London 2012 tickets are now on sale – see you at the asymmetric bars
Tickets for the London 2012 Olympic Games are on sale from today, but don’t all pile in like steeplechasers at a water jump. It’s a marathon, not a 100 metre drug-assisted sprint. The window in which to try and buy some of the 6.6 million tickets is open for a full six weeks, and as part of what event chairman Sebastian Coe calls the “daddy of all ticketing strategies”, ballots will be held for all oversubscribed events.
So if you are interested in elbowing your way to one of the cheap seats in the claustrophobia capital of the world, you’ve got until April 26th to apply via London2012.com - by which time I’ll hopefully have figured out what the Modern Pentathlon is all about.
Indeed, in a bid to contain my excitement about the fact that the Olympics is taking place on Ireland’s doorstep in 499 days, I’ve been trying to think about the bad and/or mildly annoying things about the whole sporting shindig.
There’s the dispiritingly valid description (by Peter Hitchens) of a typical Olympics as a “festival of cheating”. There’s the tension – given the kind of investment-protection madness that went down at the South African World Cup – that you might be arrested for smuggling the wrong brand of what I will reluctantly call cola into the Olympic Stadium. There’s the deep-seated suspicion that Britain’s Beth Tweddle is the only female gymnast with breasts.
What else? Well, there’s the constant comparison of various nations’ medal tallies, which somehow manages to miss the human drama of individual sporting achievement, burying it instead in a mindless jingoistic blather. There’s BBC Sport’s insistence on always treating viewers to Michael Johnson’s real-time reaction to a race, thus killing his enthusiasm of all spontaneity.
There’s the not knowing which is worse: the wearisome nudge-nudge-wink-wink commentary on the beach volleyball or the endless sneering about it being an Olympic sport at all. There’s the sinking feeling, and I accept I might be alone in this, that all that lycra, flag-waving and earnestness combines to make a lot of otherwise amazingly fit people come across as bizarrely unsexy – with the exception of the rowers, that is, 80 per cent of whom resemble the posh twins in The Social Network.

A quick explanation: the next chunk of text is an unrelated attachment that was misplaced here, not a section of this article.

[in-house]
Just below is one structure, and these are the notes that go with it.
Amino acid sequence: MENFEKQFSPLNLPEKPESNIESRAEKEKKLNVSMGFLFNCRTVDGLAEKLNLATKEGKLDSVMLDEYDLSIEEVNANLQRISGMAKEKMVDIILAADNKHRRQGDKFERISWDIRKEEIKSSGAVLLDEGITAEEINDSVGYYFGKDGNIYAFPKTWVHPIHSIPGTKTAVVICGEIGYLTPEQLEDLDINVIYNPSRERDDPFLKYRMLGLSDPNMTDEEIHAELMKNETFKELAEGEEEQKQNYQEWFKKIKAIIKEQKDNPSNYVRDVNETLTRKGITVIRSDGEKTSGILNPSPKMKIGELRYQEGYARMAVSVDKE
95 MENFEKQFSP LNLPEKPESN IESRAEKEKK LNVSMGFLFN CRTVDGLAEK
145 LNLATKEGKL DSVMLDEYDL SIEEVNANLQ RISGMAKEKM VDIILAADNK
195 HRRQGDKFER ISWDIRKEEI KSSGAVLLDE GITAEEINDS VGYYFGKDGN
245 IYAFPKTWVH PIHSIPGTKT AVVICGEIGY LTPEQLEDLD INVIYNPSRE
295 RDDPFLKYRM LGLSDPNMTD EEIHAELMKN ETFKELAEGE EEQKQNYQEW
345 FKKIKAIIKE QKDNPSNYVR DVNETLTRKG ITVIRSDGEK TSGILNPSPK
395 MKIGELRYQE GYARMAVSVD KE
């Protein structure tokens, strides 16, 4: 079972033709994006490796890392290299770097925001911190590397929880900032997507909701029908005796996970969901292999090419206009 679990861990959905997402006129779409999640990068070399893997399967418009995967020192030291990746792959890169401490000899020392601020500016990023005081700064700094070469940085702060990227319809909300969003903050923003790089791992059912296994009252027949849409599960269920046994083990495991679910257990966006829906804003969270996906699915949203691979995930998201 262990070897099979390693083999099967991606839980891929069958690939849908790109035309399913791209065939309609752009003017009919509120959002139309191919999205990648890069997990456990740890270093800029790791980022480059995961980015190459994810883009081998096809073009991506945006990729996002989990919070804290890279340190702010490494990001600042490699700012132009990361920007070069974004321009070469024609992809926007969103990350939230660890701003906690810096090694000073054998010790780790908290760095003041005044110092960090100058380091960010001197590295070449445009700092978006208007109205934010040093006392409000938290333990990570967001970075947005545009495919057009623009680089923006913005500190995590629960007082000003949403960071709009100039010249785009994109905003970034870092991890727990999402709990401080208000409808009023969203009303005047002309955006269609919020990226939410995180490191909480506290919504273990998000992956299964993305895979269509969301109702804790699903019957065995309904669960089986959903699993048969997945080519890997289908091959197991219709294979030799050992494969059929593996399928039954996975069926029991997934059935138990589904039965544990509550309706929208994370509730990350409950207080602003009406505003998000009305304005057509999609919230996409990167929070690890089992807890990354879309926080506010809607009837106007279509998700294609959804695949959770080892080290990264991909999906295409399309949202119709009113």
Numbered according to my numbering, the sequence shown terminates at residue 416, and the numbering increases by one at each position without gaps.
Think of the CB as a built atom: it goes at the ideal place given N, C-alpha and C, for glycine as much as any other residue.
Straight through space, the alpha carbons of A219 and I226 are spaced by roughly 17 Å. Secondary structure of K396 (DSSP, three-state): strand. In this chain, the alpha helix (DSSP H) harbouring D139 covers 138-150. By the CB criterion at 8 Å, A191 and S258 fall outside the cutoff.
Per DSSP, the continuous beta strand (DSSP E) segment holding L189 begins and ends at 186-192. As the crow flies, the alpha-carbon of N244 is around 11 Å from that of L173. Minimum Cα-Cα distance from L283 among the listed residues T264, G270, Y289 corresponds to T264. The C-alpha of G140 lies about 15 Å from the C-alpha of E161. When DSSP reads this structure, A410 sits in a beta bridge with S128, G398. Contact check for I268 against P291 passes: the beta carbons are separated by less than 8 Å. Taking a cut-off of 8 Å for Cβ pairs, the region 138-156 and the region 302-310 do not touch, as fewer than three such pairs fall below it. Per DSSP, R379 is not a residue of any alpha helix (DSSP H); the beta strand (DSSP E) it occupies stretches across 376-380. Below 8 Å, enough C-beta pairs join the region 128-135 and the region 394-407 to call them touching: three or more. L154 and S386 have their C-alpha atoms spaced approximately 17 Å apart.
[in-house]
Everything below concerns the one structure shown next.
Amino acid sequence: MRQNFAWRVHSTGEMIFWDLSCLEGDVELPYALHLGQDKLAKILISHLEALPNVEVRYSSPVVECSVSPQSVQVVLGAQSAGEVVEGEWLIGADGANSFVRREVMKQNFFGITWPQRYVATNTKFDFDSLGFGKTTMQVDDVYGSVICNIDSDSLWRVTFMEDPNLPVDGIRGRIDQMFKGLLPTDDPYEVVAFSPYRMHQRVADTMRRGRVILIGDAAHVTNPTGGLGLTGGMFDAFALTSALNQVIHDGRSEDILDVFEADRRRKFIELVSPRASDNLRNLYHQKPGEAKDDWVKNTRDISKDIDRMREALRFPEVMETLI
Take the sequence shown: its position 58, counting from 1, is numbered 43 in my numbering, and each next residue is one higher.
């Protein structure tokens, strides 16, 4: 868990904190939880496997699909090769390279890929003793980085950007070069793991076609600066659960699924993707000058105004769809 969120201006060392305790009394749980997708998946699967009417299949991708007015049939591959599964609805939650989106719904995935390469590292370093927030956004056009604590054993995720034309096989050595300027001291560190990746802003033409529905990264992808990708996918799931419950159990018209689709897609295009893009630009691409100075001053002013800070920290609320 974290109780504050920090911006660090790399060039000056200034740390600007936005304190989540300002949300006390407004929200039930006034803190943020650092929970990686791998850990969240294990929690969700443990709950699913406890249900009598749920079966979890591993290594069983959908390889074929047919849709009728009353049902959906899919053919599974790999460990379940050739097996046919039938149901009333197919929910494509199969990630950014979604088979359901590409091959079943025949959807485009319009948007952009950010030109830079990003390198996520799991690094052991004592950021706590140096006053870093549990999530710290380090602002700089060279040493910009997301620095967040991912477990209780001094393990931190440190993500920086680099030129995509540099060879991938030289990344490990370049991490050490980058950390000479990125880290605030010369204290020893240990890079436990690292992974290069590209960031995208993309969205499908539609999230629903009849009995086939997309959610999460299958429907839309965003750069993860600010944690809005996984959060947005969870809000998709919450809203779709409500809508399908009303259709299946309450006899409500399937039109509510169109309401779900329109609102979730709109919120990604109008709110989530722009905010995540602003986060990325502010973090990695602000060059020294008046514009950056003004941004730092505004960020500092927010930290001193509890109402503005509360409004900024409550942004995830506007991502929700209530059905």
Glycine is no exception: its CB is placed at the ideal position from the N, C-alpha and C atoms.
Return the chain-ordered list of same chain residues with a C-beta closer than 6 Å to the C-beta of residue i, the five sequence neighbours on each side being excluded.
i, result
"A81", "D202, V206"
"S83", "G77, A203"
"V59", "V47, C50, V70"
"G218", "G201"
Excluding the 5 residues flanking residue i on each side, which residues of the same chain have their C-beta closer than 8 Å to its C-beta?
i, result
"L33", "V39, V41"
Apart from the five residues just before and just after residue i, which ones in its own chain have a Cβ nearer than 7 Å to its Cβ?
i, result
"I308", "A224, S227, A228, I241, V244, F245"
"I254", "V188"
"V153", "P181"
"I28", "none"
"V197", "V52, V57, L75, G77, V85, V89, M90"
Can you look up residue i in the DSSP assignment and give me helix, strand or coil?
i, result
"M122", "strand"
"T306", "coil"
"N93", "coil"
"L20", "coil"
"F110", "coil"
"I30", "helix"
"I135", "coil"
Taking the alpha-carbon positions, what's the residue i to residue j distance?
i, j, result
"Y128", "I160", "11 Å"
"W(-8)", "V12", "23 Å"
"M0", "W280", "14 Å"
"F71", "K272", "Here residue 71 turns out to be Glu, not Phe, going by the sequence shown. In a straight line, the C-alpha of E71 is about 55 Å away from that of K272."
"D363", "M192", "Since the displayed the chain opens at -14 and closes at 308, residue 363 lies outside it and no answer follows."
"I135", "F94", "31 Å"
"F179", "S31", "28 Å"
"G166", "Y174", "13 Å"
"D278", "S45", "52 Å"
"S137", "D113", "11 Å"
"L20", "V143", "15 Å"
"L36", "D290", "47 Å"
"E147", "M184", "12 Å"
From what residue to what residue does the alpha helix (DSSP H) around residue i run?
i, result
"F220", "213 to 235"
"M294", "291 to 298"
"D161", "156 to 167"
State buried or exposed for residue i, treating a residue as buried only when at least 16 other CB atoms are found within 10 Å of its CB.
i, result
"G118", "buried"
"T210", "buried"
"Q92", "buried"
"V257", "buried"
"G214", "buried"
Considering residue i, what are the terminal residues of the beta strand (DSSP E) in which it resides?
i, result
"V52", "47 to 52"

Yet, despite, or perhaps because, of these Olympic quirks, I’m already planning on spending my 2012 annual leave in London to coincide with this gold medal frenzy, which I plan to sleep off on the couch of anyone living in the south-east of England who I’ve so much as shaken hands with in the last decade – yes, that means you, acquaintance scanning this post via Twitter.
Ticket prices soar as high as £2,012 – do you see what they’ve done there? – which is approximately £1,950 out of my price range, but happily there are also plenty of £20 tickets for early round events in sports no one is much interested in, like water polo or, er, football. I reckon the BMX cycling could be a fun pick, while the non-sporty person’s sporting hobby of choice, badminton, is surely worth a trip to Wembley Arena. Some people say that if the winners have to be decided by judges, it’s not really a sport, but such prejudice is not going to stop me from marvelling at the diving.
In all, you can enter the race for tickets for up to 20 events, choosing from 650 sessions across 26 sports and 17 days. Only apply for what you can afford, because a successful bid for tickets means you have to pay for them. Applicants will find out whether or not they have secured their passports to plastic-seated viewing glory by June 24th, by which time Olympic sponsor Visa, the only card you can use, will have already debited the cost of the tickets.
If I don’t make it to the Aquatics Centre for the synchronised swimming, it’s safe to say I’ll be there in spirit.